March 6, 2014
Benefits of prescribed burning are many, but managers finding it harder to burn
The use of prescribed fire as a land management tool has deep and ancient roots in South Carolina’s heritage. However, conducting prescribed burns is becoming increasingly challenging due to a variety of factors, according to a state wildlife biologist and forester.
Johnny Stowe, S.C. Department of Natural Resources (DNR) chair of the South Carolina Prescribed Fire Council and a certified wildlife biologist and forester, said properly conducted prescribed burns (also called “controlled burns”) have multiple benefits. Stowe is also a landowner who burns his own land. Prescribed fires help restore and maintain vital habitat for wildlife, including bobwhite quail and other grassland birds, wild turkeys, white-tailed deer, gopher tortoises, and red-cockaded woodpeckers. Besides the many wildlife species that require fire-dependent habitat, many plants thrive only in regularly burned forests. The demise of the longleaf pine forest and associated grasslands, which once made South Carolina one of the best quail hunting states, is tightly correlated to the decrease of woods-burning. Also, plants like the insectivorous pitcher plants, sundews, and Venus’ fly trap—as well as many other plant species, some of them rare—require frequent fire.
“Fire-maintained lands also have a special unique beauty,” Stowe said. “The open, park-like vistas of properly burned lands appeal to many of us.”
Stowe can be reached via e-mail at StoweJ@dnr.sc.gov or by calling (803) 419-9374 in Columbia. For more information on prescribed burning assistance, call your local S.C. Forestry Commission office or visit the South Carolina Prescribed Fire Council.
Prescribed fire enhances public safety, according to Stowe, by reducing or even eliminating fuel loads, thereby making wildfire on that area impossible or unlikely for some time afterwards. And wildfires are usually less destructive on areas that have been prescribed burned. Wildfires often either lose intensity or go out when they reach areas that have been prescribed burned.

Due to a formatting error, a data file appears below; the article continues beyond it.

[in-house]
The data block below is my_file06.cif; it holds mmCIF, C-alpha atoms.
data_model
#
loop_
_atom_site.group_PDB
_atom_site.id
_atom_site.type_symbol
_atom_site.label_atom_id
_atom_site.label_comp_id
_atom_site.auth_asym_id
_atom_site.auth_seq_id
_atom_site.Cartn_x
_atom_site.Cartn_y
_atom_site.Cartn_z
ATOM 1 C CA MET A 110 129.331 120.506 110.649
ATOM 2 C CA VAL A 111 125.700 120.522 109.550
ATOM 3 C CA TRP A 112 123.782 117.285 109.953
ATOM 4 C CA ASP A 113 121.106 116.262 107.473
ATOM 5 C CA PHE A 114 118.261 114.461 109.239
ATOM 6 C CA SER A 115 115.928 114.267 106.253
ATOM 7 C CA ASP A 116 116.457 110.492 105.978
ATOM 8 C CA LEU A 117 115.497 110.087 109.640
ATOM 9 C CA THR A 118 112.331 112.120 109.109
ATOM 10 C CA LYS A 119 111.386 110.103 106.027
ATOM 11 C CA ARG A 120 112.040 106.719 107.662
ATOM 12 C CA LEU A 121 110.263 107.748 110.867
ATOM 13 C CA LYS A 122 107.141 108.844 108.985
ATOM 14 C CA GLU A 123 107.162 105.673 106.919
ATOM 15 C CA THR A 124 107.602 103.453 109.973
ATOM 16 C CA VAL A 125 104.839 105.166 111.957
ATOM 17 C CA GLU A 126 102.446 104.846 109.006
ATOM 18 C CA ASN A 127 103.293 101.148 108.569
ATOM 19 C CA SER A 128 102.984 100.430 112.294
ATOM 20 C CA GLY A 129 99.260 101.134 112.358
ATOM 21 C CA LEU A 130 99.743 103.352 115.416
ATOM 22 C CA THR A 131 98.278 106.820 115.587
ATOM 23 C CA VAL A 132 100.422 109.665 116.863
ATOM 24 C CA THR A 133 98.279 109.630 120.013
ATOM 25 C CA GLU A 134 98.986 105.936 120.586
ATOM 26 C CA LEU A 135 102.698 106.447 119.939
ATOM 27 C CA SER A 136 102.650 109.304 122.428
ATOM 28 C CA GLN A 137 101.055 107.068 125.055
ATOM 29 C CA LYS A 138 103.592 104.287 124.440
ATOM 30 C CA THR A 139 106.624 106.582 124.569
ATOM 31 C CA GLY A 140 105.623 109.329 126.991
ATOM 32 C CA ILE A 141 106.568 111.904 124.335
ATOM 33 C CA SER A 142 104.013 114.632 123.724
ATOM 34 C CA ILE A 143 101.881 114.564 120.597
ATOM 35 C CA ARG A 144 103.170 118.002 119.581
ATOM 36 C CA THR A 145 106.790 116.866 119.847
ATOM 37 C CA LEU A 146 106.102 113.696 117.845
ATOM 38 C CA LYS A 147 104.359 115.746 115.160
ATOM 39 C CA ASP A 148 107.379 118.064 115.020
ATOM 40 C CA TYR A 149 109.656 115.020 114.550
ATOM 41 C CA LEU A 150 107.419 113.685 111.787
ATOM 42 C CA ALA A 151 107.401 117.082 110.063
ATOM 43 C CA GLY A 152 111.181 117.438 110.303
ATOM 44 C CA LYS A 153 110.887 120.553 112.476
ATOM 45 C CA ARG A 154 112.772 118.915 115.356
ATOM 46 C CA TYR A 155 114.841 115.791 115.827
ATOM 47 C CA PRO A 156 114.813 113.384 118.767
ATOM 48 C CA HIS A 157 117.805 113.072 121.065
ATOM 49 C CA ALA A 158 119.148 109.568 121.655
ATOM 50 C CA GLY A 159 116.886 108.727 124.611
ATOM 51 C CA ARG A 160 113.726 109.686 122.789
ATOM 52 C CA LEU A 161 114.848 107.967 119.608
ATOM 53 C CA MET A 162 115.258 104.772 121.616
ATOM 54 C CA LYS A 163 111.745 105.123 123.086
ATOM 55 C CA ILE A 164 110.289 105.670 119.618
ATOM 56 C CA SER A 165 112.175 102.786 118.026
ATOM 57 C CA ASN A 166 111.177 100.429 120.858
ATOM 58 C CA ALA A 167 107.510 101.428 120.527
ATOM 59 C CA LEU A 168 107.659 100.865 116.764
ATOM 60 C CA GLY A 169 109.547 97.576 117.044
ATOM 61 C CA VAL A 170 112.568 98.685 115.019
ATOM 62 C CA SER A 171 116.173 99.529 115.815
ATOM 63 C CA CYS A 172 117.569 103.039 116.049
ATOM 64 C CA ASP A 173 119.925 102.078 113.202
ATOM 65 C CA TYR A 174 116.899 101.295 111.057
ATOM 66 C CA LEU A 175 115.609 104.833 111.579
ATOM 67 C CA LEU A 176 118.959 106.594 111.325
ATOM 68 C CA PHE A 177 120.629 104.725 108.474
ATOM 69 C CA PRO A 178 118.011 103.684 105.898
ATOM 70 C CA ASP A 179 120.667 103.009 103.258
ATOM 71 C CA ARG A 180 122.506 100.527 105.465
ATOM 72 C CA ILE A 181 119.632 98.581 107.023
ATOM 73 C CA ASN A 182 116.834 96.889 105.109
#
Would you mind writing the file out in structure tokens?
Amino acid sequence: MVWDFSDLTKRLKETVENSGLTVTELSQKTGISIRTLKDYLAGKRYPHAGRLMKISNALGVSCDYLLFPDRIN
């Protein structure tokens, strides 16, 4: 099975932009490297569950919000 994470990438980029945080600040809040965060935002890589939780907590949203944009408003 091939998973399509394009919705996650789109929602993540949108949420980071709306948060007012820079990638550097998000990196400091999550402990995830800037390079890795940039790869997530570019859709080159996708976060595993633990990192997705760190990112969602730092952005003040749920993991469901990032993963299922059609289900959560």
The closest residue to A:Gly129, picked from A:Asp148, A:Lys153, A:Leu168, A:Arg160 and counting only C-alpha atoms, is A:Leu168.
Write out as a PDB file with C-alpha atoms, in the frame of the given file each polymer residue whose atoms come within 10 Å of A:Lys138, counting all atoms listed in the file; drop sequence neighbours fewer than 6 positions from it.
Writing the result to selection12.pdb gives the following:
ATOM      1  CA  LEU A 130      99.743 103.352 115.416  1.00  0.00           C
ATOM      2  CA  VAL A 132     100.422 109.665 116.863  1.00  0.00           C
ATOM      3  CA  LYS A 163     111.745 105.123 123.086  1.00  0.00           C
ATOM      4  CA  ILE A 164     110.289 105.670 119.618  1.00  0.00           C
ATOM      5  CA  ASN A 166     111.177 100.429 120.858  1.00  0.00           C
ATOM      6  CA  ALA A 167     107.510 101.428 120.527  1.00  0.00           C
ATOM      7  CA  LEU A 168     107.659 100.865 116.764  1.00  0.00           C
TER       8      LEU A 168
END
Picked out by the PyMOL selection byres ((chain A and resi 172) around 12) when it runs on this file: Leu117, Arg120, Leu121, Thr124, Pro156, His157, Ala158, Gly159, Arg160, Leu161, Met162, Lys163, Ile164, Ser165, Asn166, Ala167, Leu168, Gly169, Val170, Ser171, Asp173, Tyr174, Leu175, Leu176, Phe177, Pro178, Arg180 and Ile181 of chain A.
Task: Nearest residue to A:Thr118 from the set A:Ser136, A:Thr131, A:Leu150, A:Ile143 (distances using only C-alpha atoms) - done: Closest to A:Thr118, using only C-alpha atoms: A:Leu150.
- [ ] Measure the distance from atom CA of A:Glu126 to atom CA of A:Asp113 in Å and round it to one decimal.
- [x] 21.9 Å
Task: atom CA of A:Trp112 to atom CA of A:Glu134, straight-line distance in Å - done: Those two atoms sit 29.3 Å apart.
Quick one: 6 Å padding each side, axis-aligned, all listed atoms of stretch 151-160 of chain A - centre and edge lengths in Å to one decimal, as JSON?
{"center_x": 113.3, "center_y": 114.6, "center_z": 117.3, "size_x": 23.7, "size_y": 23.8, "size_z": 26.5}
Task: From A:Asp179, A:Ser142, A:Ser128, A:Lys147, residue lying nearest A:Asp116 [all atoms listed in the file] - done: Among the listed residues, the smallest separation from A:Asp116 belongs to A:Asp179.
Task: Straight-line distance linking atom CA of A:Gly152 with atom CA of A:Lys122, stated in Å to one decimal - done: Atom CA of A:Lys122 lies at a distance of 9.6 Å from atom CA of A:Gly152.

Prescribed fire is also, along with hunting and agriculture, an essential part of the heritage and character of the South. Every culture that has ever lived in the South has had an ancient tradition of woods burning. The Indians transformed the Southern landscape for thousands of years with fire, and the Africans and Europeans brought with them from the Old World the time-tested practice of using fire to mold the land to their needs.
Sadly, one of the main threats to prescribed burning is the legacy of Smokey Bear. “Smokey is one of the best-known icons in the United States,” Stowe said, “and while part of Smokey’s message always has been, is, and always will be wise—that no one should carelessly or maliciously use fire under any circumstances—Smokey’s legacy is that several generations of Americans view forest fires as universally destructive.”
Another key threat to the Southern tradition of prescribed burning as a land management tool is South Carolina’s increasingly urban population. Many South Carolinians now come from backgrounds that did not expose them to rural land management activities such as burning, hunting and agricultural operations, according to Stowe. Often these folks do not appreciate the multiple benefits to society that these practices provide, nor the long-standing role that they play in the state’s natural and cultural history. Noted conservationist Aldo Leopold correctly observed that one of the dangers of not living on a farm is that you may get the idea that heat comes from the furnace and food from the supermarket.
Stowe says that one of the many public benefits of the DNR’s Heritage Preserves and Wildlife Management Areas is that they provide folks with a chance to see on-the-ground land management—how it works and why it is vital to protecting the state’s natural landscapes.
"The DNR is fortunate to have the privilege of managing the land that belongs to the citizens of South Carolina," said Stowe.
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